Moreover, in Figs 4 and 5, we present some plots showing the comparisons between the displacement time series retrieved from the LOS measurements (black triangles) and the corresponding GPS ones (red stars), in some pixels affected by significant deformation patterns. As it is clear, a very good agreement is found between the SAR and LOS projected GPS measurements. It is worth noting that the regional trend was removed from the LOS mean deformation velocity maps presented.
 I. Zinno et al., "Cloud Computing for Earth Surface Deformation Analysis via Spaceborne Radar Imaging: A Case Study," in IEEE Transactions on Cloud Computing, vol. 4, no. 1, pp. 104-118, Jan.-March 1 2016.
 I. Zinno et al., "A First Assessment of the P-SBAS DInSAR Algorithm Performances Within a Cloud Computing Environment," in IEEE Journal of Selected Topics in Applied Earth Observations and Remote Sensing, vol. 8, no. 10, pp. 4675-4686, Oct. 2015.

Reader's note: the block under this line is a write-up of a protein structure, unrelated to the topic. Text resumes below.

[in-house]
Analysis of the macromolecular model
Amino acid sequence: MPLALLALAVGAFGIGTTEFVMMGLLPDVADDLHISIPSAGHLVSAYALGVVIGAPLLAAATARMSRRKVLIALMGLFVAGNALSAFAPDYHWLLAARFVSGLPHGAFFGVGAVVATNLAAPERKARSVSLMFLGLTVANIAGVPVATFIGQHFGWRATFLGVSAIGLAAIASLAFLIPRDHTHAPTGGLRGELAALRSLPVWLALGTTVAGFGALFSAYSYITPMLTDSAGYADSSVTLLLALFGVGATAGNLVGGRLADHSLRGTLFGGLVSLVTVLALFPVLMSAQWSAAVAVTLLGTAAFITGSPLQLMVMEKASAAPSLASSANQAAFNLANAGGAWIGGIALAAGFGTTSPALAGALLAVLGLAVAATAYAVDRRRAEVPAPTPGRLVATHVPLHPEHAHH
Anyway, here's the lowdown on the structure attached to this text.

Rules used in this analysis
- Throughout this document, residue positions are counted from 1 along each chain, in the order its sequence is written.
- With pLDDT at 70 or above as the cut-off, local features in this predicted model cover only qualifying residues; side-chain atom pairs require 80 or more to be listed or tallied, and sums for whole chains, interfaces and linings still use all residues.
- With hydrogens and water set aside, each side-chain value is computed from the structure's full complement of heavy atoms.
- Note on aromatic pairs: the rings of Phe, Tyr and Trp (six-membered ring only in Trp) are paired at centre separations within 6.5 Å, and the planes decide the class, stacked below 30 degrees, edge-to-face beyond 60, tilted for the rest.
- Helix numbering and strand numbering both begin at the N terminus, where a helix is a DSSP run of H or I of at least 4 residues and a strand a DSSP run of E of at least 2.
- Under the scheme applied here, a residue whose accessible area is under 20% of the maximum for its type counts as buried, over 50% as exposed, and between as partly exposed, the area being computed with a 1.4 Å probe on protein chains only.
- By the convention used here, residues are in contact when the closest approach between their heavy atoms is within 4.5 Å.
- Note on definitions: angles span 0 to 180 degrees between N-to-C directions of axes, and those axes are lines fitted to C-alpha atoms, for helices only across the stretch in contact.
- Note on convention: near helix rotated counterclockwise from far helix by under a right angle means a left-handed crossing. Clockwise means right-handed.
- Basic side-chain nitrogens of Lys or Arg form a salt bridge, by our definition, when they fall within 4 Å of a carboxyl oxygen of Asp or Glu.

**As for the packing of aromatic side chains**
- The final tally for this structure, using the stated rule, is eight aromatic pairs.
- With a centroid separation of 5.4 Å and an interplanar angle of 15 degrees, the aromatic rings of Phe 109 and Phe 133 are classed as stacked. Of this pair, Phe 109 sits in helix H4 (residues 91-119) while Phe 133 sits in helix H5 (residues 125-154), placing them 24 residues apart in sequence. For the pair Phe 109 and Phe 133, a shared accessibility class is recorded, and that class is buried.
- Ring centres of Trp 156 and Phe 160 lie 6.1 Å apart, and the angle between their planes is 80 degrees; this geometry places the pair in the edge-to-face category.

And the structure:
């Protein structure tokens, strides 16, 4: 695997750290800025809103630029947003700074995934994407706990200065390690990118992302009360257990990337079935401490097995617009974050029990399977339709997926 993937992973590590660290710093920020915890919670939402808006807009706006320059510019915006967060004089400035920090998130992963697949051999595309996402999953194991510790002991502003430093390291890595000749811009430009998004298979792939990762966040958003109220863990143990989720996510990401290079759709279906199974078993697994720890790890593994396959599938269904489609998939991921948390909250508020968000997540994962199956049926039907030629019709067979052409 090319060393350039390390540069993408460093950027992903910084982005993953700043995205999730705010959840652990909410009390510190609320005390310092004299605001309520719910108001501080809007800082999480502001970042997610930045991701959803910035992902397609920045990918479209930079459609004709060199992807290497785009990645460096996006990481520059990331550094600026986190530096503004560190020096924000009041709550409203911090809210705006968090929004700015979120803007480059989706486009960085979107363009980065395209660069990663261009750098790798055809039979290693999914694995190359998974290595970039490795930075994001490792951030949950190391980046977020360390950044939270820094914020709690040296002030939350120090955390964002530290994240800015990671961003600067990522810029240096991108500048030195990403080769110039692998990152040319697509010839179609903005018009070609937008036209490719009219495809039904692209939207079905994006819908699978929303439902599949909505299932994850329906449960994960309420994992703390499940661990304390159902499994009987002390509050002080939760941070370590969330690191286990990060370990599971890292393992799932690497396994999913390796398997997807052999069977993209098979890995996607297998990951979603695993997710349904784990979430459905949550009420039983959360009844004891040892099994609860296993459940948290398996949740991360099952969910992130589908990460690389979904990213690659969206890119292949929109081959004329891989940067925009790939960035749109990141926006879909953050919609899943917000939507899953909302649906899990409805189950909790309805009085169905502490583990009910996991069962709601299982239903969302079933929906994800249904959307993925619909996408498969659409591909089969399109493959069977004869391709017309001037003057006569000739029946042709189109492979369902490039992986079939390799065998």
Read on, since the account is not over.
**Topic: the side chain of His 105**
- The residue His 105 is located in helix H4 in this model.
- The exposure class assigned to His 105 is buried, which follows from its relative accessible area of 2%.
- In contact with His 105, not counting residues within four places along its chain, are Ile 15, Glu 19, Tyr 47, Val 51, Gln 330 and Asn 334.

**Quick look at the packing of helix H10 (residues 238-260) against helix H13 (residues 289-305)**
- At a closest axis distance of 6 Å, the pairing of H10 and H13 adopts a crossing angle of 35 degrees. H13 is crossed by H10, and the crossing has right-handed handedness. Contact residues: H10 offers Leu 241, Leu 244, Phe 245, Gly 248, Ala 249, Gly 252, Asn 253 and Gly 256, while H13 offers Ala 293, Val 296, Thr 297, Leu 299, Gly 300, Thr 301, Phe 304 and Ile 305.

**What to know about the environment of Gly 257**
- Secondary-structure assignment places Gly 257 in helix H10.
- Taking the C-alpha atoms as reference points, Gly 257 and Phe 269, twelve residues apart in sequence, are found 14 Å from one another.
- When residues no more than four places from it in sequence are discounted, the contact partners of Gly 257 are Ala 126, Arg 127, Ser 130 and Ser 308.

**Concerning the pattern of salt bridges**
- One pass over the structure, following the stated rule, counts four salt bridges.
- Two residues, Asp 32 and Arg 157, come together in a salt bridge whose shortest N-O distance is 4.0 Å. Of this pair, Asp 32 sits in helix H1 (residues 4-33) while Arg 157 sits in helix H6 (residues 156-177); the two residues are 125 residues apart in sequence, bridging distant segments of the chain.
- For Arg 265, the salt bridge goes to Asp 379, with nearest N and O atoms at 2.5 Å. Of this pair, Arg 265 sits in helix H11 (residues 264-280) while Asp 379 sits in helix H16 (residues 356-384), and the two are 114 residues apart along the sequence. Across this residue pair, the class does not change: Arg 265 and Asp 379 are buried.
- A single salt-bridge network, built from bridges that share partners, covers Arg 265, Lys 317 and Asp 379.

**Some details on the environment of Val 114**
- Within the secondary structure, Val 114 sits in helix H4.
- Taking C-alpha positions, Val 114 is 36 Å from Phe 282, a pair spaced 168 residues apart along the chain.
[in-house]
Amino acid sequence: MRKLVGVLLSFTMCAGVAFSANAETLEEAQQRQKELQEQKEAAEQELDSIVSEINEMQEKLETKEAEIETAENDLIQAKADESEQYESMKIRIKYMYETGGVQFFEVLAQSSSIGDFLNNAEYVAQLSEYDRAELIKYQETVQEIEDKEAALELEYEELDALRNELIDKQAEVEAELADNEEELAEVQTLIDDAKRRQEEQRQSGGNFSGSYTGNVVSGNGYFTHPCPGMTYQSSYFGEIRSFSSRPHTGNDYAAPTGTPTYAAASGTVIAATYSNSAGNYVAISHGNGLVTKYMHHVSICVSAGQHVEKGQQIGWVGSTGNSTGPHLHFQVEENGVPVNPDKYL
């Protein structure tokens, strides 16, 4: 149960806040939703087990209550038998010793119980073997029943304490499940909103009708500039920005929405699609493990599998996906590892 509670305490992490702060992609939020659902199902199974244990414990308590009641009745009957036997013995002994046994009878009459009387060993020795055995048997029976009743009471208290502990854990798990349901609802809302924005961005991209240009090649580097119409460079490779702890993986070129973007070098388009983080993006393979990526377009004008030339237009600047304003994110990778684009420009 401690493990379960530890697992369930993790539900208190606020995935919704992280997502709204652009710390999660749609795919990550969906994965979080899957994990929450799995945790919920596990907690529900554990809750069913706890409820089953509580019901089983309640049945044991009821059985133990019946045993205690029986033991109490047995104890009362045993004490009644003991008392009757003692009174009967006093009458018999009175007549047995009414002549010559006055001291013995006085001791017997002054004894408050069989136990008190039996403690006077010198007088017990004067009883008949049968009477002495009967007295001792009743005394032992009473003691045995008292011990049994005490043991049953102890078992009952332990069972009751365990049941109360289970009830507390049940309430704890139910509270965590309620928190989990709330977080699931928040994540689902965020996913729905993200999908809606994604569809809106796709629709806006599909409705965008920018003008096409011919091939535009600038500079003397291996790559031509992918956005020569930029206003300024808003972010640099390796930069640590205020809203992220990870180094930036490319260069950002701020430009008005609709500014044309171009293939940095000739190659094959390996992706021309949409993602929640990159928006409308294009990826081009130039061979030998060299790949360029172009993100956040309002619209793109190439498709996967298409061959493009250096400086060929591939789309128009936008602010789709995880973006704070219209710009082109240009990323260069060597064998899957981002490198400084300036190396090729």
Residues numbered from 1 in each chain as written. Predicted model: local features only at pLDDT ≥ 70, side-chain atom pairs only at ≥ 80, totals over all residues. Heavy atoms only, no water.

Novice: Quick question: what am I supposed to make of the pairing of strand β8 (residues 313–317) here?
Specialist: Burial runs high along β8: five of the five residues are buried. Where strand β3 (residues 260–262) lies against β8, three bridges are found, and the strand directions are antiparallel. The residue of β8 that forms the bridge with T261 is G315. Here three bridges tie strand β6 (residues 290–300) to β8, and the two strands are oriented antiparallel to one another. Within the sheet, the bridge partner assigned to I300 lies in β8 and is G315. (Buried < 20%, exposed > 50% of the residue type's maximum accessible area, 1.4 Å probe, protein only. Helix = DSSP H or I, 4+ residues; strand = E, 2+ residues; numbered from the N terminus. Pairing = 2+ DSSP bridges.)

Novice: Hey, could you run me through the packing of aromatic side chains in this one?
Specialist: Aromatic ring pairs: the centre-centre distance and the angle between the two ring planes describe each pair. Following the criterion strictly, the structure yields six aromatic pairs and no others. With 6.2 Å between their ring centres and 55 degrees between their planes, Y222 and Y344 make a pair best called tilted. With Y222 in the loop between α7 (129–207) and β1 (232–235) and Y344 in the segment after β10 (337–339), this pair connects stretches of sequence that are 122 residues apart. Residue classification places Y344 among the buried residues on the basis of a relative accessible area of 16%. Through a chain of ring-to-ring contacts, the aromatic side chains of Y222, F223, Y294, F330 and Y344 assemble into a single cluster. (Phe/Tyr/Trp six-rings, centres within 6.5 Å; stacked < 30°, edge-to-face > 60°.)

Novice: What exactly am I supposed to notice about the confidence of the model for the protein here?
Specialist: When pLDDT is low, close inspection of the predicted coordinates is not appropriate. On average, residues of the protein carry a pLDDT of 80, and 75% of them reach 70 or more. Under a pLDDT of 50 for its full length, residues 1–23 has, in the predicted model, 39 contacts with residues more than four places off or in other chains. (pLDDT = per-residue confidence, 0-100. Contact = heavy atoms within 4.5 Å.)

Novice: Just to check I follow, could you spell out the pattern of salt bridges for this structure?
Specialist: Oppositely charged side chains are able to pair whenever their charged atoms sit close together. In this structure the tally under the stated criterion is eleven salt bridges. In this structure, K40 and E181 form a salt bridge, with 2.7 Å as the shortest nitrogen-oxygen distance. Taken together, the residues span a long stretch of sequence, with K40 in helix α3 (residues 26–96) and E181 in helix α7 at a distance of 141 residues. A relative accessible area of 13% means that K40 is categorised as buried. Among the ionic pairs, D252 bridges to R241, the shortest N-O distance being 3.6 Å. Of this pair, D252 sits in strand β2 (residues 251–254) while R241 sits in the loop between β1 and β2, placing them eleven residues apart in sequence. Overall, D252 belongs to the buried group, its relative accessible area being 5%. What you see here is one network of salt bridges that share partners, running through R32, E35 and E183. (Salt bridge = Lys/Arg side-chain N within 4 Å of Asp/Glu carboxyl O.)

F. Casu et al., "SBAS-DInSAR Parallel Processing for Deformation Time-Series Computation," in IEEE Journal of Selected Topics in Applied Earth Observations and Remote Sensing, vol. 7, no. 8, pp. 3285-3296, Aug. 2014.
 I. Zinno; F. Casu; C. D. Luca; S. Elefante; R. Lanari; M. Manunta, "A Cloud Computing Solution for the Efficient Implementation of the P-SBAS DInSAR Approach," in IEEE Journal of Selected Topics in Applied Earth Observations and Remote Sensing , vol.PP, no.99, pp.1-16
Paper 550 - Session title: Terrain subsidence and landslides II
15:20 Round Table Discussion 2/2
All, All ESA, Italy
Terrain subsidence and landslides II